What is your primary strength as an ecosystem?
Lithuania has a robust digital infrastructure and technological prowess, creating a strong foundation for integrating digital health solutions. With advanced telecommunications and high internet penetration, alongside supportive regulations, the country encourages innovation in telemedicine, electronic health records and health information exchange.
Moreover, Lithuania benefits from a highly educated and skilled workforce, including healthcare professionals, researchers, engineers, and IT specialists. Emphasising education and ongoing professional development ensures a constant supply of talent equipped to drive innovation and excellence in healthcare technology.
The country’s regulatory framework is adaptable and forward-thinking, promoting innovation and entrepreneurship in healthcare. Regulatory agencies collaborate closely with industry stakeholders to simplify processes, facilitate market entry for innovative healthcare products and services, and uphold safety and quality standards, prioritising patient safety.
Additionally, Lithuania has notable expertise in gene editing, positioning itself as a potential leader in developing novel gene editing treatments. This expertise underscores Lithuania’s potential to advance healthcare through cutting-edge technologies and innovative approaches.
Which are the main hospitals in your ecosystem and which are the most active in your ecosystems?
There are over 25 hospitals over Lithuania, but we would like to recognise three main ones:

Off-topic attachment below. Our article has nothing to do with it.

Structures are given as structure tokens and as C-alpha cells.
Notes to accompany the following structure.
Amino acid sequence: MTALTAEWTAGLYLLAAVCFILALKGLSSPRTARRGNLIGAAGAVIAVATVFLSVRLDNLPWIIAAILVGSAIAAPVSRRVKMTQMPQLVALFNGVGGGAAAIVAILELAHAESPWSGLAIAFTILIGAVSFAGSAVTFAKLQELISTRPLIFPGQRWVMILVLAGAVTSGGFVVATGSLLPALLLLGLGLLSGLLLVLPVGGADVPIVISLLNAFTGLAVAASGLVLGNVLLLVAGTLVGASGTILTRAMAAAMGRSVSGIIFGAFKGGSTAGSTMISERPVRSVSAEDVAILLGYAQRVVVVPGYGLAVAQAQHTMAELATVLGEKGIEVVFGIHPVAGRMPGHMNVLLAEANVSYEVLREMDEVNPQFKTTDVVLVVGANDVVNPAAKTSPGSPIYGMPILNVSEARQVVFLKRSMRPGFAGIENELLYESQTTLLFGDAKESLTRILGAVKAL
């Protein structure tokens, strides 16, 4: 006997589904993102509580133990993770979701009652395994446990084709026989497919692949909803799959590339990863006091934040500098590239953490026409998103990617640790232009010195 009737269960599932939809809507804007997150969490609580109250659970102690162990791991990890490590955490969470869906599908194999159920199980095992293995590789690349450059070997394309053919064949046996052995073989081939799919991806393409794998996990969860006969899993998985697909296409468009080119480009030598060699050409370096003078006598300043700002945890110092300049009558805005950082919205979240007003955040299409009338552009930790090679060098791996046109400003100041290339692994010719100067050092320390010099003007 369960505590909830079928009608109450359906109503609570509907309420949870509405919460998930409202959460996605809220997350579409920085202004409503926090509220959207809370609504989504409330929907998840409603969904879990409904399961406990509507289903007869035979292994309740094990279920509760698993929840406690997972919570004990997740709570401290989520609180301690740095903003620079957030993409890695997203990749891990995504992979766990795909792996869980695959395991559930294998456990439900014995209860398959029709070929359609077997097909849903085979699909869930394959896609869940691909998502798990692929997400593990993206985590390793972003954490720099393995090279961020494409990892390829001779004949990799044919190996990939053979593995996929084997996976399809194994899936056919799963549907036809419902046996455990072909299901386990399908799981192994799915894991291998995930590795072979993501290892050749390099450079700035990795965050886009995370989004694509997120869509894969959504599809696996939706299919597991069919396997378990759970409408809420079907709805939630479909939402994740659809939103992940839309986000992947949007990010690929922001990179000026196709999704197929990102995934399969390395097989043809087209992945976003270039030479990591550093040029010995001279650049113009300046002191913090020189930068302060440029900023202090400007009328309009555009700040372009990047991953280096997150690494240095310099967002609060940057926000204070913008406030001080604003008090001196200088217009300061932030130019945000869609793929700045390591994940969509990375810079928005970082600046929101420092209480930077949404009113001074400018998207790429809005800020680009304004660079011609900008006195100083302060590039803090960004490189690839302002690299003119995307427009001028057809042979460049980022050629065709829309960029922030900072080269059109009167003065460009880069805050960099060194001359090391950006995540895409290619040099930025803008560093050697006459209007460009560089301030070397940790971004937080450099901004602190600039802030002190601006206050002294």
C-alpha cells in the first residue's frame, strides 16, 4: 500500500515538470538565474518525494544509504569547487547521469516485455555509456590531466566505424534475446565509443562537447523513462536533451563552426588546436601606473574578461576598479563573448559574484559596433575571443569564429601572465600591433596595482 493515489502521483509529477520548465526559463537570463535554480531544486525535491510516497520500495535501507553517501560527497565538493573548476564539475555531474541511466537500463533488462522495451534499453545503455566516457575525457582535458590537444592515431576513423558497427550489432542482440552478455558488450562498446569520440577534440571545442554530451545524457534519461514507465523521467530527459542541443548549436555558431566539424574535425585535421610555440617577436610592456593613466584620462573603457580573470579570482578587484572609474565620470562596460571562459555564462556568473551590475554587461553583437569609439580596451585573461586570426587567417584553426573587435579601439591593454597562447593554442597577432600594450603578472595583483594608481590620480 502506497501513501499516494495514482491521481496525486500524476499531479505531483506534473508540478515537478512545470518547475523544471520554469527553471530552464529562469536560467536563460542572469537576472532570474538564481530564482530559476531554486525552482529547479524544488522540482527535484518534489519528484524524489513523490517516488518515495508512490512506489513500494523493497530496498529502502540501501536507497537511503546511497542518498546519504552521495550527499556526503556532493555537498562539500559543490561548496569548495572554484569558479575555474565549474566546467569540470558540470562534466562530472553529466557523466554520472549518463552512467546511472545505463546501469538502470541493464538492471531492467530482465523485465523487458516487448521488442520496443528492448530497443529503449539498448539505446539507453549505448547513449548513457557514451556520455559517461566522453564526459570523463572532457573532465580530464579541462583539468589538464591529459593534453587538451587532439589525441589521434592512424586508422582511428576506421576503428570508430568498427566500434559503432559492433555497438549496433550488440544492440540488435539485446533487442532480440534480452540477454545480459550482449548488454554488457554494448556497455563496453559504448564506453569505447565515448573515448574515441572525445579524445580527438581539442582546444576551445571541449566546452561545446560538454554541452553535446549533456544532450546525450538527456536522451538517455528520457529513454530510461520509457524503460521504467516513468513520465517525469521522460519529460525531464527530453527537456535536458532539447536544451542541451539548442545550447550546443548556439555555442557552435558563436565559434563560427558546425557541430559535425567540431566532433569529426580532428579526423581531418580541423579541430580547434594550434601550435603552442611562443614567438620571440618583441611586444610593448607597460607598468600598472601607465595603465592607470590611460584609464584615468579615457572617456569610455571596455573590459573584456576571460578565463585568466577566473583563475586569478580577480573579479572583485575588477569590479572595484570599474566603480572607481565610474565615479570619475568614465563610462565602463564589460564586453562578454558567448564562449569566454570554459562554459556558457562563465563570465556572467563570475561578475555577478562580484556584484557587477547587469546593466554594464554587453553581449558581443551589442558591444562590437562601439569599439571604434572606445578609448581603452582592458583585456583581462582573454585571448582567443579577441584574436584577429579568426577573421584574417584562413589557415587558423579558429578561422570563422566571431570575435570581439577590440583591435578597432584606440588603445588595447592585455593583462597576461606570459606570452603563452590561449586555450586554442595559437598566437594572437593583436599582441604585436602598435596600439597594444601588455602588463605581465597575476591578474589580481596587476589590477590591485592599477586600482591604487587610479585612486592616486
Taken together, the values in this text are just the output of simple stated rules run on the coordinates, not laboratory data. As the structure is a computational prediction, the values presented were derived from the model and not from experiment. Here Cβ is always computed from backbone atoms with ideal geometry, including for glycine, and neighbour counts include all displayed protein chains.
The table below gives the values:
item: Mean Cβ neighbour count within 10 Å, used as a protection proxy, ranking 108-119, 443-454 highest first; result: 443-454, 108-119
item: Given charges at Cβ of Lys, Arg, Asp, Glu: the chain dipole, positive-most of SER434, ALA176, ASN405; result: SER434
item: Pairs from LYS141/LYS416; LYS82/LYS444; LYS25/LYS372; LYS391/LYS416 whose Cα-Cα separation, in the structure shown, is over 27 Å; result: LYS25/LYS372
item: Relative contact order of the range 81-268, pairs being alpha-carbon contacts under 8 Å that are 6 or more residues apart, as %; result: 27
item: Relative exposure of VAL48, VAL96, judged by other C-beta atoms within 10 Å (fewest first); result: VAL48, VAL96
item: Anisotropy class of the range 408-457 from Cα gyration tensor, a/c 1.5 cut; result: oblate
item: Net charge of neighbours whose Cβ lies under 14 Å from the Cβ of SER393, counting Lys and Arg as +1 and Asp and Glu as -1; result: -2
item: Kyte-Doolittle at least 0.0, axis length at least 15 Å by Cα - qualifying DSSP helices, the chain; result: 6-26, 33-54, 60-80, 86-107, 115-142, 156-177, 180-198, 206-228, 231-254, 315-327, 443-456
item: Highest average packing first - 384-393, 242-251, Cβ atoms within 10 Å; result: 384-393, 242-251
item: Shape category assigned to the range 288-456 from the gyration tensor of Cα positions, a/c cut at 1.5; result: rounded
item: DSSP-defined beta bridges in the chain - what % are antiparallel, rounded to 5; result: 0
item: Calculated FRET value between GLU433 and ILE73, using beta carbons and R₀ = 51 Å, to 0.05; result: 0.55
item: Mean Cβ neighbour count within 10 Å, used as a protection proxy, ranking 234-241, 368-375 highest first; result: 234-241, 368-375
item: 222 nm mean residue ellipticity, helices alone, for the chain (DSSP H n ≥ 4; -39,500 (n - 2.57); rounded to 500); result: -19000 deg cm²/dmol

Vilnius University Hospital Santaros Klinikos. Santaros Klinikos is one of the largest and most prominent hospitals in Lithuania. As a part of Vilnius University, it plays a crucial role in providing advanced medical care, conducting research, and educating future healthcare professionals. With modern facilities and a multidisciplinary approach, Santaros Klinikos offers a wide range of specialised medical services to patients from across the country. The hospital is committed to excellence in patient care, innovation, and contributing to the advancement of medical science.
Kaunas Clinics (Hospital of Lithuanian University of Health Sciences). Kaunas Clinics is another major hospital in Lithuania affiliated with the Lithuanian University of Health Sciences (LSMU). It provides a broad spectrum of medical care, including specialized services in cardiology, oncology, neurology, orthopedics, and transplantation. Kaunas Clinics is recognized for its expertise in medical research and education, contributing to advancements in healthcare and training future generations of healthcare professionals. Furthermore, Kaunas Clinics houses the Nuclear Medicine Research Centre, which is on the verge of operational readiness with the imminent activation of Lithuania’s sole cyclotron. Additionally, the completion of the Human Biological Resources Centre (biobank) is underway. Notably, the forthcoming cyclotron will serve as a cornerstone facility in the Baltic states, while a smaller counterpart is situated in neighboring Latvia.
Klaipėda University Hospital. Klaipėda University Hospital is a leading healthcare institution in the western region of Lithuania. It offers a comprehensive range of medical services and rehabilitation.